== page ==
“Jay Wadenpfuhl, a member of the Boston Symphony Orchestra horn section for 29 years, died Saturday after a long illness,” writes Jeremy Eichler in Thursday’s (6/24) Boston Globe. “He was 60 and died in Cambridge Hospital, according to his wife, Michelle Perry of Boston. Mr. Wadenpfuhl played third horn in the BSO and taught at New England Conservatory and Boston University.” Wadenpfuhl was on the New England Conservatory faculty for 23 years. “ ‘He was a brilliant horn player,’ said Richard Sebring, the BSO’s associate principal horn. ‘[He] knew no bounds in heroic passages, while playing with exquisite beauty in the softer lyrical solos, exposing his sensitive, delicate soul.’ … Mr. Wadenpfuhl grew up in a musical family in Kirbyville, Texas. His father was a band director, his mother a piano teacher and choir director. By age 15, Mr. Wadenpfuhl was already performing with professional ensembles. He went on to study horn at the University of Wisconsin-Madison and played in the US Army Band, the Fort Worth Symphony Orchestra, and the National Symphony Orchestra before joining the BSO in 1981.… The composer William Thomas McKinley wrote the ‘Huntington’ Horn Concerto for Mr. Wadenpfuhl, who gave the premiere in 1989 with the Boston Pops under John Williams. ‘He was just fantastic,’ said Mr. McKinley. ‘He was one of the great horn players, in Boston, and worldwide.’ ”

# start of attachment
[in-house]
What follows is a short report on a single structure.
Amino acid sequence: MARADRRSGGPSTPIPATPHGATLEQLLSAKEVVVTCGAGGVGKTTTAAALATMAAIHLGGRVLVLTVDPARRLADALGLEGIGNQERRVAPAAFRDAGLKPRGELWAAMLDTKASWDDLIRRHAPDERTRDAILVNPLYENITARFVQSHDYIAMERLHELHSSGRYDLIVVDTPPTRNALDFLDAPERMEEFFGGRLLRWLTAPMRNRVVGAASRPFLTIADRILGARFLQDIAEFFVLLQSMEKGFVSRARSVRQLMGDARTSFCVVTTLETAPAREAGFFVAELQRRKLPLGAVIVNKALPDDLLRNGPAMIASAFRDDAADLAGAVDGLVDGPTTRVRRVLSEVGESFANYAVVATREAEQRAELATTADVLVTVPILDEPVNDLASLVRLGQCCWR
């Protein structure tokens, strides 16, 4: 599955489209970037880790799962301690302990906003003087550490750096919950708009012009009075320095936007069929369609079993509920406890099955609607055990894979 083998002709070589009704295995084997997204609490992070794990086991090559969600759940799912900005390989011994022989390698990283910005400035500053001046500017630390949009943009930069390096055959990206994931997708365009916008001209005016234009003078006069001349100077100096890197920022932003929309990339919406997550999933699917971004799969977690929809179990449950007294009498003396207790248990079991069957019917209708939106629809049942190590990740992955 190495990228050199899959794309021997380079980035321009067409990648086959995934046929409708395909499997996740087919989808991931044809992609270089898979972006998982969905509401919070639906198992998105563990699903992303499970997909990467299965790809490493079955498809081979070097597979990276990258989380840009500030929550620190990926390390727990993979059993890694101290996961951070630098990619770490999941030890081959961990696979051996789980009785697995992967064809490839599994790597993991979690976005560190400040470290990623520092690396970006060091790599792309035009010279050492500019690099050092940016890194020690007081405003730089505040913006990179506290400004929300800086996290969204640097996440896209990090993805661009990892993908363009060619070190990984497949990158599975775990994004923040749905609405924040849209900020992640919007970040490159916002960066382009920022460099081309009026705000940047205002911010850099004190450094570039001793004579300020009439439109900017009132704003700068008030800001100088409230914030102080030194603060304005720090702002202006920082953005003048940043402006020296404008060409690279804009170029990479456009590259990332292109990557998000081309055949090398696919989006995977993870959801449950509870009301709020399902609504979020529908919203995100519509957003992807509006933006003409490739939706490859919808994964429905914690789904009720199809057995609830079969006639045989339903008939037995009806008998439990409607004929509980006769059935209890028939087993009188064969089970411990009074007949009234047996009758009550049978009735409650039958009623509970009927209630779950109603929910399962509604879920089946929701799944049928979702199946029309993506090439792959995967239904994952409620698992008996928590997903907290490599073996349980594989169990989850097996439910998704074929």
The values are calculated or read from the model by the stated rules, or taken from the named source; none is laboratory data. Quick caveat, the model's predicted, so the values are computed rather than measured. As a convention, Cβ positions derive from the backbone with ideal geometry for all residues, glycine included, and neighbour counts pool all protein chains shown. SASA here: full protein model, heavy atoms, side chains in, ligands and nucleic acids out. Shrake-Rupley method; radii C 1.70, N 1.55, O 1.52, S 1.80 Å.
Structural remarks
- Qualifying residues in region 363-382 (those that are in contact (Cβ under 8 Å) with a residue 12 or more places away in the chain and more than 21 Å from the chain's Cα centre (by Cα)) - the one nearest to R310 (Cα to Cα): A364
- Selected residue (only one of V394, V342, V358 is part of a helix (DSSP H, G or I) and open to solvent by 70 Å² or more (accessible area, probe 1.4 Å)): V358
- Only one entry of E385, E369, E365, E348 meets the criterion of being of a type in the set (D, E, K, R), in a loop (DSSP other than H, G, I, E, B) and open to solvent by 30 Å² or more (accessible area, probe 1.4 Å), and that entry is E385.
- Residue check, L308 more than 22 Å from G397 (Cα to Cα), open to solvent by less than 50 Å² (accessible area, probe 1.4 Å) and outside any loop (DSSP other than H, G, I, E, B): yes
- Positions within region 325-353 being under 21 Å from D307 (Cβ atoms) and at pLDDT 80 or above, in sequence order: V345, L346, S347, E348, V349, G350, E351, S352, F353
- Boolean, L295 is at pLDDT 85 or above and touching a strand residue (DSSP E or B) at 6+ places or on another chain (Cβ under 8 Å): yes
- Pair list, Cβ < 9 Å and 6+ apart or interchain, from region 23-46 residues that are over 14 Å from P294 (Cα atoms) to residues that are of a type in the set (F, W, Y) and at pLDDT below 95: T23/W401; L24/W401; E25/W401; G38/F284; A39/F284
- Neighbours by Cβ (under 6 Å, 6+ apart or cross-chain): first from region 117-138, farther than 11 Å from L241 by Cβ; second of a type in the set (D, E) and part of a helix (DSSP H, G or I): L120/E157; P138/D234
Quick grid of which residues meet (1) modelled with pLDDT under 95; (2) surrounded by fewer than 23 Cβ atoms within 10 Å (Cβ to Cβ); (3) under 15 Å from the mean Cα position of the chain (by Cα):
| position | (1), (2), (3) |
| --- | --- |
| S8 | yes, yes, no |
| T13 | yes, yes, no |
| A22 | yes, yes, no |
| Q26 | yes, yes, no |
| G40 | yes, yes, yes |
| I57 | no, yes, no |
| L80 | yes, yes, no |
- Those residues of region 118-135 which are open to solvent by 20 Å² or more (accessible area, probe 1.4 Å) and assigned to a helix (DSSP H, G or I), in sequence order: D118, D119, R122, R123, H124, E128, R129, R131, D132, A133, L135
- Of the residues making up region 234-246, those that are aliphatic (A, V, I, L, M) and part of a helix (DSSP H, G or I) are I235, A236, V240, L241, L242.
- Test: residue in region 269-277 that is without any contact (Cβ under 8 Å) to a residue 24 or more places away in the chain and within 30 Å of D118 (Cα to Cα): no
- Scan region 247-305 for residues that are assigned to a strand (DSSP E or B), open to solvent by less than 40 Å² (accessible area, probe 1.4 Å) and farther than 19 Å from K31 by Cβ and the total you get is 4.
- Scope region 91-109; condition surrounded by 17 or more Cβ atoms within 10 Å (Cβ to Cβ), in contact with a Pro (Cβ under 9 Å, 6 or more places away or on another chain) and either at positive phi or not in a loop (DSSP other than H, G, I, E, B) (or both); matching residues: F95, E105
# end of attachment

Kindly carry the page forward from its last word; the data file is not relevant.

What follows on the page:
Posted June 25, 2010